The military claimed to eject the Taliban from strongholds in Kotkai and Jandola and said it killed Qari Hussain, a senior Taliban leader who trains suicide bombers. Hussain mocked the government after appearing in a press conference in May. The Taliban recently retook Jandola after murdering dozens from a rival tribe while the military looked on. The military has pulled back to bases on the outskirts of South Waziristan.

Orakzai and Kohat, January 2008:

As fighting was underway in South Waziristan at the end of January, the Taliban launched attacks against government forces in the tribal agency of Orakzai and the neighboring settled district of Kohat.

In Orakzai, Pakistani troops battled Taliban fighters in the city of Darra Adam Khel after the Taliban hijacked a military convoy carrying supplies and ammunition for Pakistani troops. Six soldiers were captured during the hijacking and 14 more were captured during the subsequent fighting. The military halted the offensive after a peace jirga, or committee, requested the suspension of operations. The Taliban subsequently paraded the 14 hostages in a bazaar in Darra Adam Khel.

In Kohat, the Taliban captured the strategic Kohat Tunnel, which links Peshawar to the southern agencies and districts. Forty Frontier Corps troops were captured and eight were “slaughtered” while attempting to regain control of the tower at the peak of the Kohat Tunnel Mountain.

The military retook the tunnel after heavy fighting. The Taliban damaged the tunnel while attempting to it blow up during the retreat.

After the fighting, the Taliban have been collecting taxes from drivers on the road. The government is currently negotiating a peace agreement with the Taliban in Kohat.

Khyber, June 2008: The military launched an operation to clear Khyber after the Taliban began to threatened the provincial capital of Peshawar.

Bill Roggio is a Senior Fellow at the Foundation for Defense of Democracies and the Editor of FDD's Long War Journal.

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  • Batman says:

    Where does the Taliban get its funding and weapons? Is the heroin enough to fund this significant level of operations, or are they getting state sponsorship? How can they be that hard to crack?

  • Batman says:

    I mean, I understand asymmetric, hit and run attacks, but they are openly taking territory in the face of the government.

  • Alex says:

    Probably some funding from abroad as well from Saudis, all through shady banks in Cyprus and the Cayman Islands

  • The present Khyber offensive is in response to americans providing 4 F 16s and another 4 F 16s in pipleline and also promise to beef up the karachi stock index as the Indians dither on 123 agreement.who bothers for innocents?

  • Libertarian says:

    Could the regional experts who contribute to the postings name one major military campaign the Pakistani Military has won since its inception? Yes, the Pakistanis have been or were effective in sponsoring terrorism in Afghanistan and India and tyranny at home but so far, at least, they have been ineffective in combating terrorism on their on soil. Maybe the Pakistanis no longer regard the Northwest as their country …..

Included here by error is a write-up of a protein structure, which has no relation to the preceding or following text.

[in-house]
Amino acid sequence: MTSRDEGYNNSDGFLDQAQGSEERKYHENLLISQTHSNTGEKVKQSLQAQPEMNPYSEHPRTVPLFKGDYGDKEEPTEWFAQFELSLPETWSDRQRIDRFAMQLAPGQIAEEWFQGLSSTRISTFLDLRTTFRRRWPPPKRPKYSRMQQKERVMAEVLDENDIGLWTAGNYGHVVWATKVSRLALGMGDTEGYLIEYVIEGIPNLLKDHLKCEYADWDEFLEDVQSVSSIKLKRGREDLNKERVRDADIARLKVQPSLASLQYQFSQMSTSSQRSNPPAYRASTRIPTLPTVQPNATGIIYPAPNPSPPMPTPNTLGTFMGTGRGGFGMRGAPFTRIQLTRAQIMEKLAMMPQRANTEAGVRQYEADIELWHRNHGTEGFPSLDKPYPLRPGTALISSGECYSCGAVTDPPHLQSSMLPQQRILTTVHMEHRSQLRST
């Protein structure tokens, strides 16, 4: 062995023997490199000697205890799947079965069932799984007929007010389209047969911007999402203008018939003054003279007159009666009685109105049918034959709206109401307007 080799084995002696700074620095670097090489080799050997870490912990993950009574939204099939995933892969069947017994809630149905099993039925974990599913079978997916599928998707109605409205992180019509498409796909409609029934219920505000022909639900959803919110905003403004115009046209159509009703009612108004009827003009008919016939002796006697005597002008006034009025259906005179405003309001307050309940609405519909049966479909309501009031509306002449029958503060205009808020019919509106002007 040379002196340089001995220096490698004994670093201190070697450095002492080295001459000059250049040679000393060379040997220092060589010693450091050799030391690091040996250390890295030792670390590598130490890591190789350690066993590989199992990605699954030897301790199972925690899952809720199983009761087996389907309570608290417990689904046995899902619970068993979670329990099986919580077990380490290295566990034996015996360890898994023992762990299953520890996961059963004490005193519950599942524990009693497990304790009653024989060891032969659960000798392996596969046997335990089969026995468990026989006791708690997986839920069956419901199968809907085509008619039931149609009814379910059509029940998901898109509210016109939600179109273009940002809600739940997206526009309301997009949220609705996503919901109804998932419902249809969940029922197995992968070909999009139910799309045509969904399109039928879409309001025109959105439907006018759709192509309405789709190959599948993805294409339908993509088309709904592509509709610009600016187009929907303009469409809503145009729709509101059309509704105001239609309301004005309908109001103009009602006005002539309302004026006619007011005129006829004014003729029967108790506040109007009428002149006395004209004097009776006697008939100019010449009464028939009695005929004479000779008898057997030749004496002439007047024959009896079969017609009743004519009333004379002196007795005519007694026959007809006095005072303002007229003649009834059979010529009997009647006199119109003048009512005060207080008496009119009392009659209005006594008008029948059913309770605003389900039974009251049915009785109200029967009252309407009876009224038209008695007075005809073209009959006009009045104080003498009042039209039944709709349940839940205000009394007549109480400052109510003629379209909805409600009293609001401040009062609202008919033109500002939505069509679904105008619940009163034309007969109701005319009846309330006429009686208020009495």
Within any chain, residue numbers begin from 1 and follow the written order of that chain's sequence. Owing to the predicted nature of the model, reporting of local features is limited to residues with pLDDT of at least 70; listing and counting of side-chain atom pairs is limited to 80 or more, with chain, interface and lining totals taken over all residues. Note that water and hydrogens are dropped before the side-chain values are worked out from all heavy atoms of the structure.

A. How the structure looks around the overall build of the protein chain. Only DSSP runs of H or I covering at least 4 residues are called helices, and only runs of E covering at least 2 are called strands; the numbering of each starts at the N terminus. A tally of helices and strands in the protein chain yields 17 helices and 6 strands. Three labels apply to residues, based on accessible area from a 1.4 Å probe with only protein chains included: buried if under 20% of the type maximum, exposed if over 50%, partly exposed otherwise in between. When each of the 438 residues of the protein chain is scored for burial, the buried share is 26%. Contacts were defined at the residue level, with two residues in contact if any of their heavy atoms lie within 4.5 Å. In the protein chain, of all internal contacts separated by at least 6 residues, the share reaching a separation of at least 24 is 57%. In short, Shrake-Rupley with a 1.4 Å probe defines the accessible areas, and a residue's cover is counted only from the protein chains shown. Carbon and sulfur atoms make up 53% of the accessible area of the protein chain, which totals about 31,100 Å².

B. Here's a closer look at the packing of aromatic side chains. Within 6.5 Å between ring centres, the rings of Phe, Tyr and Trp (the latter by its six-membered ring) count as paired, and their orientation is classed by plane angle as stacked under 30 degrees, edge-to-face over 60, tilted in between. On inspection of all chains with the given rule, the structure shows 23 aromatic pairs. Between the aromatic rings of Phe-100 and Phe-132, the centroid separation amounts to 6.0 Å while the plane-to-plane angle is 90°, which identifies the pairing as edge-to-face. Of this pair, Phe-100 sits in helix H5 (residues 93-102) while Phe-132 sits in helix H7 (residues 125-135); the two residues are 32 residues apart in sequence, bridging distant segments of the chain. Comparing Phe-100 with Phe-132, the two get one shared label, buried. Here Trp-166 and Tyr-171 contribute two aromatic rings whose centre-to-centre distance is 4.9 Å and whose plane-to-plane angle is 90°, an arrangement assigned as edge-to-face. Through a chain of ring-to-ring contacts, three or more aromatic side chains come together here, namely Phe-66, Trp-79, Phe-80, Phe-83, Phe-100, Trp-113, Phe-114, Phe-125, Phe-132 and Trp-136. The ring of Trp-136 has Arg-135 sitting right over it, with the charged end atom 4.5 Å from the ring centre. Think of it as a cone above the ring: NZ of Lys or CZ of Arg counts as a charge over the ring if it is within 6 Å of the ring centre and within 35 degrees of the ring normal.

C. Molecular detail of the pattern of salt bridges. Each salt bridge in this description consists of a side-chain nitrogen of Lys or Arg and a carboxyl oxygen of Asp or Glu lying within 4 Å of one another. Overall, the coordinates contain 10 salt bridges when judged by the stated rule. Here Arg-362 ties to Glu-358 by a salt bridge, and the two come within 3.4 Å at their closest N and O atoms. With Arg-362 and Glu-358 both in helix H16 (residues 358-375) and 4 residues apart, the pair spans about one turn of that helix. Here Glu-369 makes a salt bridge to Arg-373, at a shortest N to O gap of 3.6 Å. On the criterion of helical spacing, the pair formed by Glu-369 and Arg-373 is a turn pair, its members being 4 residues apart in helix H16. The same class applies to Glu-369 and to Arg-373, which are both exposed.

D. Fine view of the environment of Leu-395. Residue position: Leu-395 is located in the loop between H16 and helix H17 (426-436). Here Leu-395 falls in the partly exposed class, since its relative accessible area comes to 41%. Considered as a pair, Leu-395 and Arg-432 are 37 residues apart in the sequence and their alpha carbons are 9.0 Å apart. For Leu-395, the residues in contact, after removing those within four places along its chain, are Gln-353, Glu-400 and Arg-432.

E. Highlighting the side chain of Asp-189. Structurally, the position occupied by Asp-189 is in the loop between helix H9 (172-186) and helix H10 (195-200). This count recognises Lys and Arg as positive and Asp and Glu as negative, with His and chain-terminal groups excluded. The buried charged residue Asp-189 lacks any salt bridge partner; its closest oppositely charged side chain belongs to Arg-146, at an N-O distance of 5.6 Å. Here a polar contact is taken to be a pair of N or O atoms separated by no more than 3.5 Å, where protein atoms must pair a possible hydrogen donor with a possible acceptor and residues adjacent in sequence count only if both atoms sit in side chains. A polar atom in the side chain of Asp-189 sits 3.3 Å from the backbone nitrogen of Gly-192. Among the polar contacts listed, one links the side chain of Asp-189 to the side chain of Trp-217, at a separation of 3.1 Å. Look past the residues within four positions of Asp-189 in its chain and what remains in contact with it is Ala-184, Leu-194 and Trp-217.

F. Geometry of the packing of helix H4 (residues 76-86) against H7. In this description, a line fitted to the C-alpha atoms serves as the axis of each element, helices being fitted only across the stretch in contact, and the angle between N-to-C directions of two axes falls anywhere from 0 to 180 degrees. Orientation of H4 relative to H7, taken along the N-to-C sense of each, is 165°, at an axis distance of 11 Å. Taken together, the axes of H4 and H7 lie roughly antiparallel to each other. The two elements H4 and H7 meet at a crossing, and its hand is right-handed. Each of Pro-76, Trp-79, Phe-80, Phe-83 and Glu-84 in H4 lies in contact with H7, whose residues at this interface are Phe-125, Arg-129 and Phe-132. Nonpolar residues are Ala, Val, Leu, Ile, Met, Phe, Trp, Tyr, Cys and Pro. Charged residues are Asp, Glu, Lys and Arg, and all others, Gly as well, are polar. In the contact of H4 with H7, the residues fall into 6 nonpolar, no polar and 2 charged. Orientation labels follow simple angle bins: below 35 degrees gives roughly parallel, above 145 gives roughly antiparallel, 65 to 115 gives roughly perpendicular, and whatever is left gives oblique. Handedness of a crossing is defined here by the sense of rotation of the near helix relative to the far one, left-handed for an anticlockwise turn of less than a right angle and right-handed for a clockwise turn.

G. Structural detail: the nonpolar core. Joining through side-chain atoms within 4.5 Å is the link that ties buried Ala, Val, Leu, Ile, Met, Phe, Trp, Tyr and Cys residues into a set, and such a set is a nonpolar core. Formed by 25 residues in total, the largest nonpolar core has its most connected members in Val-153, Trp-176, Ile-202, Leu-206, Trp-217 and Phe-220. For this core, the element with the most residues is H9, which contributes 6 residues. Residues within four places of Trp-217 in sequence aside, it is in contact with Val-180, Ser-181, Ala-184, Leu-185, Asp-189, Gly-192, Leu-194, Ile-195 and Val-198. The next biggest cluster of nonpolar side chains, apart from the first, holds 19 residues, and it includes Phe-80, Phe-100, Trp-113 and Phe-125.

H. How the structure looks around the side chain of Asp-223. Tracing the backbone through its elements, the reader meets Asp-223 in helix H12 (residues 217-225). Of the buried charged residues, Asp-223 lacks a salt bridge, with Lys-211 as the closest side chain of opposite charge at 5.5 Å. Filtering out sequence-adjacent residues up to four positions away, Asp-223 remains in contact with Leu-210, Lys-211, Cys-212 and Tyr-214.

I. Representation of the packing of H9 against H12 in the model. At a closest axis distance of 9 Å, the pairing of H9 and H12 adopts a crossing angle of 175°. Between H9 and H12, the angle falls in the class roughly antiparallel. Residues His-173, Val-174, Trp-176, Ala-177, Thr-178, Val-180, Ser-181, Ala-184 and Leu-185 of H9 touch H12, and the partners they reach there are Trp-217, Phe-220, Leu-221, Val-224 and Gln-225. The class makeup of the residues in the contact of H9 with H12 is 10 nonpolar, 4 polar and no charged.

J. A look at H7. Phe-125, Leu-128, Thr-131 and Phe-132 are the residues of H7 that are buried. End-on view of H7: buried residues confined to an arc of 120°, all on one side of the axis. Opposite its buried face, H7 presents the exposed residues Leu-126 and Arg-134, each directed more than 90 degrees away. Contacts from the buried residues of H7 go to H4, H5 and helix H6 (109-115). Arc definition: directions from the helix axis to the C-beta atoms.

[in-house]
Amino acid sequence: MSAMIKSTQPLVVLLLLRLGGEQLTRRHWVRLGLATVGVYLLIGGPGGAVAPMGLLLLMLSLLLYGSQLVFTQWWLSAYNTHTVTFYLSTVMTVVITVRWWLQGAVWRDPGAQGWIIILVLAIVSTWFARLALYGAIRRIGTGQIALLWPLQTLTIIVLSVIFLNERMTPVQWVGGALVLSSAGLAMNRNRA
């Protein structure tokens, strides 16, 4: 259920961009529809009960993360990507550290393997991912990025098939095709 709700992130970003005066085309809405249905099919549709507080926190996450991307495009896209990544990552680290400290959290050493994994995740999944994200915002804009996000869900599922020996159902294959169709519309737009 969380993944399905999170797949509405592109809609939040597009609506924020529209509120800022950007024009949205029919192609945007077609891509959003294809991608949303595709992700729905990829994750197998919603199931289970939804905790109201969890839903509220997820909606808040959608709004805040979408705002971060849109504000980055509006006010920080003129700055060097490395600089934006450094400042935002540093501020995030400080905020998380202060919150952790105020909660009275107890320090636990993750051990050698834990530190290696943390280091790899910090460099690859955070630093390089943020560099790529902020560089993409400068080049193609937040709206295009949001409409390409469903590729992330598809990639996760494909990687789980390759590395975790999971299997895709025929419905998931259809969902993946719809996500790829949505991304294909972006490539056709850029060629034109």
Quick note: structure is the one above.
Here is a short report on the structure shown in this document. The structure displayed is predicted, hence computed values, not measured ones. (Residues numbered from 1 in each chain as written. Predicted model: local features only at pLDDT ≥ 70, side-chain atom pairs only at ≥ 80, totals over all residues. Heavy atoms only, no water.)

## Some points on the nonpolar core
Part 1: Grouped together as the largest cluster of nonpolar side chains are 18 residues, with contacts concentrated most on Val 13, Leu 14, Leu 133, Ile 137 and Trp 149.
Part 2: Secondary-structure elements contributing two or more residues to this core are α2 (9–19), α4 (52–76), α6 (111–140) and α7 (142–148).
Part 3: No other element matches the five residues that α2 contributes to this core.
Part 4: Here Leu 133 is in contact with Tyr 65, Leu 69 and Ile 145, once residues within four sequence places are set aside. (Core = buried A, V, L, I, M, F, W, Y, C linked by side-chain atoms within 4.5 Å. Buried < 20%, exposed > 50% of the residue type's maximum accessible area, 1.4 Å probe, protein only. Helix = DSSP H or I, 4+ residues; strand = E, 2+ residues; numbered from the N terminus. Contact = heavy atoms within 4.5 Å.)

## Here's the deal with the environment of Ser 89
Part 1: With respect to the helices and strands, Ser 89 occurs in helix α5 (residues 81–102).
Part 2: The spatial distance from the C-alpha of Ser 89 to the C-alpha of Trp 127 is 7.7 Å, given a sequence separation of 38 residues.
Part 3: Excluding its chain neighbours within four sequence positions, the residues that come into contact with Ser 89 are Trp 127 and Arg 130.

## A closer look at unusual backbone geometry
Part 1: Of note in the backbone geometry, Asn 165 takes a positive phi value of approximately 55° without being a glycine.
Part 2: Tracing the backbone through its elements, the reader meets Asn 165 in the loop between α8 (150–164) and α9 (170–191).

Doubtless the Pakistani soldier is brave and disciplined: that is not the issue;
    my question is about the quality of Pakistani generalship and the depth of political commitment to freedom

  • Private Finch says:

    The feeling I get about the Paki army is they are completely fragmented by various splinter groups. They have many members who are ‘agents in place;’ ready to inform on or cripple any expected action.
    I agree with Libertarian; name one successful large scale operation the Paki army has had. I think they are too weak and corrupt to have a major operation. Time for India to clean the Paki house.

  • NS says:

    “The feeling I get about the Paki army is they are completely fragmented by various splinter groups. They have many members who are ‘agents in place;’ ready to inform on or cripple any expected action. ”
    The situation is a little worse than that. It is pretty obvious that morale in the paki army is low, but there is a reason for it -they dont see this as a war on terrorists – they see it as a war on their islamic brethren. Nothing is going to change that. I came across a recent poll that had 60% of pakistanis supporting talks with the Taliban. Now thats 60% of the people not in the NWFP !!
    You cannot have a counterinsurgency where the locals dont co-operate with you. Gen.Petraeus has successfully demonstrated that in Iraq. Even with the local co-operation in Iraq, the peace is very fragile and requires real hard work to maintain it that way.
    Here we are talking about how locals in the NWFP have for the most part rooted for the Taliban – it does not matter what the pakistani army do as much as what the pakistani civilian population does.
    Nothing really is going to change the fundamentals of this conflict unless the locals can take up the fight – just like the Sunnis and Shias had their awakening in Iraq, the local pakis have to wake up. But this is where the big difference between Iraq and Pakistan comes in – Iraq for all its sectarian conflicts is fundamentally more secular society.
    pakistan on the other hand was created on the basis of religious fundamentalism – this one fact will bedevil the country for ever.